I recently had the opportunity to do some acting, some “major role” acting. It’s been a very long time since I had to be responsible for anything more than a one-line character in a short scene. It was a recreation of a famous radio play titled “Three Skeleton Key.” The show was featured on the series “Escape” and starred Vincent Price as Jean, the lighthouse keeper narrating the story. I was asked to take on that role at the REPS Showcase in Seattle,WA.

Picture this place. A gray, tapering cylinder, welded by iron rods and concrete to the key itself: a bare, black rock, a hundred and fifty feet long, maybe forty wide. That’s at low tide. At high tide, just the light, rising a hundred and ten feet straight up out of the ocean. And all about it, the churning water, gray-green, sun-dappled, warm as soup, and swarming with gigantic bat-like devil fish, great violet schools of Portuguese man-of-war, and yes, sharks, the big ones, the fifteen footers. And as if this wasn’t enough, there was a hot, dank, rotten-smelling wind that came at us night and day off the jungle swamps of the mainland. A wind that smelled like death.”

That was just the beginning of the tale of three men tending a desolate lighthouse about to be invaded by tens of thousands of rats! A derelict ship runs aground on the key and the ravenously hungry rats set off to invade the lighthouse. The three men are trapped for days as the squealing scurrying brown furry mass attempts to break inside.

Directed by Tim Knofler with specially created recorded sound effects by Audio Cinema Entertainment and live sound effects by Jerry Williams, and enacted by myself, Bill Brooks and Bryan Hendickson, the audience was ours to toy with. In fact, I was told later that three people had to leave because of the discomfort of listening to the sound of the rats invading the lighthouse and attacking the men. Not bad, considering they were in a room watching three actors seated at a table before microphones taking cues from a man just off the stage platform. Ah, the power of the theater of the mind!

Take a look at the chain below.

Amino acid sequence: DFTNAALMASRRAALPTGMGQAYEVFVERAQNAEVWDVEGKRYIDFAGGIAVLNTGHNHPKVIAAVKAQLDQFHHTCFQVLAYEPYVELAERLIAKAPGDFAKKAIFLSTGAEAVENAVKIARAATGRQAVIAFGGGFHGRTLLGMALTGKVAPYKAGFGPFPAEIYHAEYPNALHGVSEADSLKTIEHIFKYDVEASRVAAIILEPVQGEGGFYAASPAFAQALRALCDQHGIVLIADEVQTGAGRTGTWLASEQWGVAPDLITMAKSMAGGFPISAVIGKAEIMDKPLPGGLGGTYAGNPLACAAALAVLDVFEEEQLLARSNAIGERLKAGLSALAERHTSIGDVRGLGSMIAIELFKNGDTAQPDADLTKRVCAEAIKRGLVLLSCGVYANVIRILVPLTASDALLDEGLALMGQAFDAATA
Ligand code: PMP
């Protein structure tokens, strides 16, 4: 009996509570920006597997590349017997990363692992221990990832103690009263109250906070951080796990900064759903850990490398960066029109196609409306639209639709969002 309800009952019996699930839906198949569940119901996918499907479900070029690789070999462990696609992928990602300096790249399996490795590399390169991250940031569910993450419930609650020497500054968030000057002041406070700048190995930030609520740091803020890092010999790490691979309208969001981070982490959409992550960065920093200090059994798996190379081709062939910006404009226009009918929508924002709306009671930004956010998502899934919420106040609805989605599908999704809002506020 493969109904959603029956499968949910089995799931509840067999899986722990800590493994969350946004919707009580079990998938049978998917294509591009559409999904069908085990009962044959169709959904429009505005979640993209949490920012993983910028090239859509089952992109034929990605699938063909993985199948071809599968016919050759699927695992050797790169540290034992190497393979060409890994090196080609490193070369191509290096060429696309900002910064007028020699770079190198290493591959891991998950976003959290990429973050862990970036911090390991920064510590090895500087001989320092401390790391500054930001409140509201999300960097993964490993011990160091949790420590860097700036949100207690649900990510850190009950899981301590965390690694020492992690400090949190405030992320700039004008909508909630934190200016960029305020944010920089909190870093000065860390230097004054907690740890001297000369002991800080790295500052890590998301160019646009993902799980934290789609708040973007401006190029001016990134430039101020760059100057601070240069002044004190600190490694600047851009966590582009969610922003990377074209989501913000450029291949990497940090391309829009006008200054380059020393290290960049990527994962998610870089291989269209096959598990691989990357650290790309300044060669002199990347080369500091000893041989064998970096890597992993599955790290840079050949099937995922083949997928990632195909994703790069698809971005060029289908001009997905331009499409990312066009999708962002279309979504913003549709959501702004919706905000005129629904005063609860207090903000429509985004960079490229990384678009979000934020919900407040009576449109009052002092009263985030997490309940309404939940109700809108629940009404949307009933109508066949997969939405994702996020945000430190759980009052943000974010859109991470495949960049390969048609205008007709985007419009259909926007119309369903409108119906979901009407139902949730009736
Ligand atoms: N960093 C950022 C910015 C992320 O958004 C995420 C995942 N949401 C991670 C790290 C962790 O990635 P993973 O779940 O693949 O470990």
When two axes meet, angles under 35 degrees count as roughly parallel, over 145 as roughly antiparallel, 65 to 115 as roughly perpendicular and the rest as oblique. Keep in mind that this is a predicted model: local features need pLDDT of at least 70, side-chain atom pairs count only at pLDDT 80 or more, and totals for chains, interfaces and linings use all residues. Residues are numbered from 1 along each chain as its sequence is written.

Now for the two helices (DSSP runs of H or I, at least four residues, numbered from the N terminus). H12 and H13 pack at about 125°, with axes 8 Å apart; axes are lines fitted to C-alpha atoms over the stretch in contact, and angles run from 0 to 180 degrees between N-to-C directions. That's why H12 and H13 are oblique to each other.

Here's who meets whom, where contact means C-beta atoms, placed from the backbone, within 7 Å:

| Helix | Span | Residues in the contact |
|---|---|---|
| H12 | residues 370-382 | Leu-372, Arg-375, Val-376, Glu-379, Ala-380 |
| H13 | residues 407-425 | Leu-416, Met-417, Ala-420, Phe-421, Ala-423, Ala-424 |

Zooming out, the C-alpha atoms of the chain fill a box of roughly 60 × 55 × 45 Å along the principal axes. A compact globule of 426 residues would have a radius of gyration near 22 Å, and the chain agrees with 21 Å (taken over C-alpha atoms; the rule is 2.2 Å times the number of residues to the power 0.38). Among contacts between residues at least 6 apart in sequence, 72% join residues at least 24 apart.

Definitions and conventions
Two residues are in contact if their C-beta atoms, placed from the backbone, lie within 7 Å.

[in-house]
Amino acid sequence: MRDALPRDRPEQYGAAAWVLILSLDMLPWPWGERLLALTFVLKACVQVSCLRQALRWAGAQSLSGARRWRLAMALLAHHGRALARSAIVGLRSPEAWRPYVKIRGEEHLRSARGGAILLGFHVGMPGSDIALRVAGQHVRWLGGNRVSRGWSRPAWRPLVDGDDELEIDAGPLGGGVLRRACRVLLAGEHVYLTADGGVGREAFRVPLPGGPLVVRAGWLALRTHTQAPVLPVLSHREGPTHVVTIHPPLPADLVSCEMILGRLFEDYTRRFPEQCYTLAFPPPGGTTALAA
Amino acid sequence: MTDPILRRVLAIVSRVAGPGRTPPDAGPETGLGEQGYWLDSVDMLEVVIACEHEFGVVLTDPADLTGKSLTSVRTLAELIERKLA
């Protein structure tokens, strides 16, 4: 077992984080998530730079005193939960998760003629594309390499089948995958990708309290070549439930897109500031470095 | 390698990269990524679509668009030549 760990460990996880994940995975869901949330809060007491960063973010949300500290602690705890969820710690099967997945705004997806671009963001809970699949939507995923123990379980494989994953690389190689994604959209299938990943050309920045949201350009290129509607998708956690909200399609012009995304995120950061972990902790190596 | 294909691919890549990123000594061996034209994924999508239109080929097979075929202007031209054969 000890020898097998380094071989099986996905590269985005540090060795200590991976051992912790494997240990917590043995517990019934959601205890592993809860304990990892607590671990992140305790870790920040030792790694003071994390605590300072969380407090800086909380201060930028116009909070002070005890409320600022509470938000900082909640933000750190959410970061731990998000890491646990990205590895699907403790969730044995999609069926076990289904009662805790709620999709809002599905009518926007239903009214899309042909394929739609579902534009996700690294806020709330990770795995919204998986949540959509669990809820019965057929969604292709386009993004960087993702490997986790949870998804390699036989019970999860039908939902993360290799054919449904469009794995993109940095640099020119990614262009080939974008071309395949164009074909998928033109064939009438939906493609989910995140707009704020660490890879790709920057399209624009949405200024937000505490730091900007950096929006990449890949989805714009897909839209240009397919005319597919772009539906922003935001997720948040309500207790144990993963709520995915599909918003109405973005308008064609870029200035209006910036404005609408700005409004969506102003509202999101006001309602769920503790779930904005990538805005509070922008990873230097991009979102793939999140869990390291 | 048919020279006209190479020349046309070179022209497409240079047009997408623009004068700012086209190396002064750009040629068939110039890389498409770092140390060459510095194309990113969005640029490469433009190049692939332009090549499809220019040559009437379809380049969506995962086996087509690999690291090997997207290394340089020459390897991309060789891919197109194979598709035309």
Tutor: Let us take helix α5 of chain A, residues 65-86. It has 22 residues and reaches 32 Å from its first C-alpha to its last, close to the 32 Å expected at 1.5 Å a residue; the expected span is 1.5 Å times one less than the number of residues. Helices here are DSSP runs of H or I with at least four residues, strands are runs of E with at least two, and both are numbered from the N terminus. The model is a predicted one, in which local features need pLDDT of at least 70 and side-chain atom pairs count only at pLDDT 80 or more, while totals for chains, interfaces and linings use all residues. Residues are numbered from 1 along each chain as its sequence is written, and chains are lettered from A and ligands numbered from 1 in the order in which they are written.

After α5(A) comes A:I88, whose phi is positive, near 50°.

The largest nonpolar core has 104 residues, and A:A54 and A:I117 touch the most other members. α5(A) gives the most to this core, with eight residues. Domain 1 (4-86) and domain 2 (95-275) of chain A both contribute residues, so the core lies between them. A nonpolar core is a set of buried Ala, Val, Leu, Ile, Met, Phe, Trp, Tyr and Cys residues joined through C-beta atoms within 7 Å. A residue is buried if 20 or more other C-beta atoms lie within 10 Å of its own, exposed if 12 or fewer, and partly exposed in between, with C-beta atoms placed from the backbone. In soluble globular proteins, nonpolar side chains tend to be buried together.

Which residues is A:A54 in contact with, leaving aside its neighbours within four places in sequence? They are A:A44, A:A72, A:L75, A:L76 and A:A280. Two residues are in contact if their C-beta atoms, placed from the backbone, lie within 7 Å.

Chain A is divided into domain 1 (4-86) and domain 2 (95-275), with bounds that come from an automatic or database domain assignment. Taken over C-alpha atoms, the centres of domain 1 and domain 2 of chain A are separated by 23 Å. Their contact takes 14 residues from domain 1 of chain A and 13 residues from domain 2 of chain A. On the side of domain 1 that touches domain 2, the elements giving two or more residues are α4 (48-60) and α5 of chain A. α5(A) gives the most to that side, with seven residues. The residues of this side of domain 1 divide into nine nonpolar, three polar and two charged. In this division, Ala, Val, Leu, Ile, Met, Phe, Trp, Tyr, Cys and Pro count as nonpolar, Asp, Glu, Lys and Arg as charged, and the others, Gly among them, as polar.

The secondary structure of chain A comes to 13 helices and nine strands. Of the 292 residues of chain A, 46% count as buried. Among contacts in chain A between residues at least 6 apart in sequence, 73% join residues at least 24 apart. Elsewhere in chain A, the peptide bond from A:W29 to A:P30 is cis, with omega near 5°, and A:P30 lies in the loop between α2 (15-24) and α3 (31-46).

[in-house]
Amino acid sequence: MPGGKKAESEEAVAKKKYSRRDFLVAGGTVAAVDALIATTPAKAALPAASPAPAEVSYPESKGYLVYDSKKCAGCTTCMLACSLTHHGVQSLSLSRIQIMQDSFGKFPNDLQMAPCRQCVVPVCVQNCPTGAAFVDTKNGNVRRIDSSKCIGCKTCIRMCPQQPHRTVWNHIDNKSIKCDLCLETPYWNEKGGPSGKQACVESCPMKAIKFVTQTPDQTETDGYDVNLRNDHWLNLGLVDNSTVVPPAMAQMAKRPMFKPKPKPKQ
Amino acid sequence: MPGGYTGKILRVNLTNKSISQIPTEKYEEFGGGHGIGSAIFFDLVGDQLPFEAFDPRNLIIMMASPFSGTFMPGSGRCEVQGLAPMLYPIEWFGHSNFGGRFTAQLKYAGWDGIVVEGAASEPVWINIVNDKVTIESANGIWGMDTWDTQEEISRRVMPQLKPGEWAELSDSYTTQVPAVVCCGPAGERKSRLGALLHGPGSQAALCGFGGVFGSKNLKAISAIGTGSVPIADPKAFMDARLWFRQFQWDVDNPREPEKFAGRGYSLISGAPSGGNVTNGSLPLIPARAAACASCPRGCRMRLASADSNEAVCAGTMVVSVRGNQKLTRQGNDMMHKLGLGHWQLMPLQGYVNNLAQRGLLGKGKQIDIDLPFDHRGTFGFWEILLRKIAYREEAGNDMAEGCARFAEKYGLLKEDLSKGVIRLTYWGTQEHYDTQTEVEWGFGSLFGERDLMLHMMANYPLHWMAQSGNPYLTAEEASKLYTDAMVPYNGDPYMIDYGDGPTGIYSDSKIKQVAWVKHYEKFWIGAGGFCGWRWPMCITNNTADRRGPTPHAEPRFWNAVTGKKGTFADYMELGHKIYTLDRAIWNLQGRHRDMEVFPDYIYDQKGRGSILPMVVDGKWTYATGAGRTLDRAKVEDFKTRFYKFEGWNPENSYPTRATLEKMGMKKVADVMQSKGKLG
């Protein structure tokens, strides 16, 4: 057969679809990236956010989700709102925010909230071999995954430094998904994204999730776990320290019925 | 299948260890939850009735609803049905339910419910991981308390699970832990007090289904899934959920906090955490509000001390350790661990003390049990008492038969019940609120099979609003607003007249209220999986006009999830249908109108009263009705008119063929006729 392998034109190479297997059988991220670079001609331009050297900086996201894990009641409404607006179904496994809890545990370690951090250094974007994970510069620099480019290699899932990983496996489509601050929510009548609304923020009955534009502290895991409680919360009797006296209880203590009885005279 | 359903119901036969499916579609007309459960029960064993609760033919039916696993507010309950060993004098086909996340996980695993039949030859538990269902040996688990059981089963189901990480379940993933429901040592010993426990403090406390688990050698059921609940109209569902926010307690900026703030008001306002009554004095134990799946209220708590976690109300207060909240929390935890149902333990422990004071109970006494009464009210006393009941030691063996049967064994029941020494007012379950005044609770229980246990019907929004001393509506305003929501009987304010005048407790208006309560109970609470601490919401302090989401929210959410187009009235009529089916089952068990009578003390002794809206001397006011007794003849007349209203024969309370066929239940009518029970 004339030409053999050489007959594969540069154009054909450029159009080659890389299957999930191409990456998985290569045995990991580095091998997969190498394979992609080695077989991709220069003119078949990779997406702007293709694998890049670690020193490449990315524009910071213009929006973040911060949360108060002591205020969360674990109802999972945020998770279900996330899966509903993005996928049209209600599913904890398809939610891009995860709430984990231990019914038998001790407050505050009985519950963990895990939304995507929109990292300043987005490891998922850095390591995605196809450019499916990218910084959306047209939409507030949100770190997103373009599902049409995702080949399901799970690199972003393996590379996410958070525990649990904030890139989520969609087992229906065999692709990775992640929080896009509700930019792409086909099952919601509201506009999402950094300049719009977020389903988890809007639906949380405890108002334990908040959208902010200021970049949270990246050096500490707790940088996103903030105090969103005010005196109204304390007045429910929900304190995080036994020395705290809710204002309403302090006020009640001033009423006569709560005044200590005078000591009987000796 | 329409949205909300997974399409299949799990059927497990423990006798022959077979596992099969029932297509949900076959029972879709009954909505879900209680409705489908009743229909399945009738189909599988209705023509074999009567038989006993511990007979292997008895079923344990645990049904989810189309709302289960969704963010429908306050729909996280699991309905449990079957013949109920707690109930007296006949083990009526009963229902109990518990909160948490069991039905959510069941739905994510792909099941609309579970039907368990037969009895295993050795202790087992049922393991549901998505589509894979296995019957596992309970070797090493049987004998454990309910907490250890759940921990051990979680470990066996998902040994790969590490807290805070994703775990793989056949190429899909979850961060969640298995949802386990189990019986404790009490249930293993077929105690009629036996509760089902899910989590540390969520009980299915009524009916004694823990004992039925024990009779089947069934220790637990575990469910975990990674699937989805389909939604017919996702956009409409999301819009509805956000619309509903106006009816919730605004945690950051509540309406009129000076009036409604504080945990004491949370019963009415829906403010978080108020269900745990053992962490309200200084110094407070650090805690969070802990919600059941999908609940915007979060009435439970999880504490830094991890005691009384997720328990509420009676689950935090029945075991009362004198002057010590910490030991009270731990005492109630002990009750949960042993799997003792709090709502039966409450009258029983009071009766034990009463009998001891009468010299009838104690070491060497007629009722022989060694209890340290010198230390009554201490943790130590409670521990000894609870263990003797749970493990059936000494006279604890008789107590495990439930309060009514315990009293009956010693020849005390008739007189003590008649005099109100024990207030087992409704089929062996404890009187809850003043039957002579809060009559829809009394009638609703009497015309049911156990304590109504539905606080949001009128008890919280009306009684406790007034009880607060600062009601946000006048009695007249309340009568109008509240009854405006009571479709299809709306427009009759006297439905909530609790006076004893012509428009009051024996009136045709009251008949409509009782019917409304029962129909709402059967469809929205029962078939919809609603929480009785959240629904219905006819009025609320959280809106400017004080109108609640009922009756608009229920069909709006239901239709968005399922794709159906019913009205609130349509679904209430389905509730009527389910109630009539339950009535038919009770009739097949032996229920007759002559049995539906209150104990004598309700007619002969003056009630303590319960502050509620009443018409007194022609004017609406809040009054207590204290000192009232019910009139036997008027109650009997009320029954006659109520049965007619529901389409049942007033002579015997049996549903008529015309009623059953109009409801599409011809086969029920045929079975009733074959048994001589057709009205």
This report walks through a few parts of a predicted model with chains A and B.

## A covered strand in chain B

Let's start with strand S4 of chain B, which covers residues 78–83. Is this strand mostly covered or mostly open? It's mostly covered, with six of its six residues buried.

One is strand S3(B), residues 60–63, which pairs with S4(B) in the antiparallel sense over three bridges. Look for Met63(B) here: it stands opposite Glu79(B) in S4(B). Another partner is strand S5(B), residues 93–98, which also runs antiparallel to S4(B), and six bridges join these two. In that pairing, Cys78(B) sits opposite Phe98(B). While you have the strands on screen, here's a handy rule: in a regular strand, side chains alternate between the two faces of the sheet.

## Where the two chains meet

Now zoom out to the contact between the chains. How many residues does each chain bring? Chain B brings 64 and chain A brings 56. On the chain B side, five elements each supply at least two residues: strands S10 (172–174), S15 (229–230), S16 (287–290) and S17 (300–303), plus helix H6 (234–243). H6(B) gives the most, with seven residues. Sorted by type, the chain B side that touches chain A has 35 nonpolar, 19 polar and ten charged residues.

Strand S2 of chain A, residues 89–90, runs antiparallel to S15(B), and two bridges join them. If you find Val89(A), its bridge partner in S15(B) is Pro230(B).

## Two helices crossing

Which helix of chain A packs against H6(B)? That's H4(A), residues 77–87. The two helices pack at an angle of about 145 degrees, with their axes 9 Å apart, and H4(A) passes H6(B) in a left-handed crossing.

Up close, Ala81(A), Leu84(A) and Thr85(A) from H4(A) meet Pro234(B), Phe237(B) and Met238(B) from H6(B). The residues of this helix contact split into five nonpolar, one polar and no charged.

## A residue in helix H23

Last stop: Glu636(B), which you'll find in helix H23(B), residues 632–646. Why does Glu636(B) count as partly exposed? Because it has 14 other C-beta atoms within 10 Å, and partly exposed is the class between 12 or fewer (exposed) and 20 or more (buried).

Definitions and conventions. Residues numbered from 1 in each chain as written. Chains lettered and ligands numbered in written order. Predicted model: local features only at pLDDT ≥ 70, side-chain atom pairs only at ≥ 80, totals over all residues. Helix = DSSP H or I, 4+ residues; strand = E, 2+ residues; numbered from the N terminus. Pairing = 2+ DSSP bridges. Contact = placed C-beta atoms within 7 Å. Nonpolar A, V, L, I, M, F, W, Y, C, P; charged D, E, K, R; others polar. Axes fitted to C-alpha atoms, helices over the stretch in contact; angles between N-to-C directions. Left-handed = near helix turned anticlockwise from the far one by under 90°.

Naturally, I had a blast. I was absolutely exhausted following the performance (which is always a good sign that I really committed to the role). From there I had to move to a rehearsal of the first of two radio recreations that I was directing. It was a wonderful time hanging out with radio veterans such as Tommy Cook (Lights Out, Blondie, Red Ryder), Ivan Cury (Bobby Benson), Rosemary Rice (Archie Andrews, CBS Radio Mystery Theater), Gloria McMillan (Our Miss Brooks) and film and TV vets Ben Cooper (Johnny Guitar, Gunsmoke, The Twilight Zone) and Beverly Washburn (Old Yeller, Lou Costello’s episode of Wagon Train and Star Trek episode The DeadlyYears).

It’s funny, I started attending these Old Time Radio Conventions as a getaway weekend to relax and enjoy the shows. Next thing I know, I’m directing a few and now acting in them, too. Not too much relaxation anymore during these weekends! But a whole lot of fun and satisfaction!

Woody Allen once said, “80% of success is showing up.” So I suggest you show up and see what happens!

I’m just saying…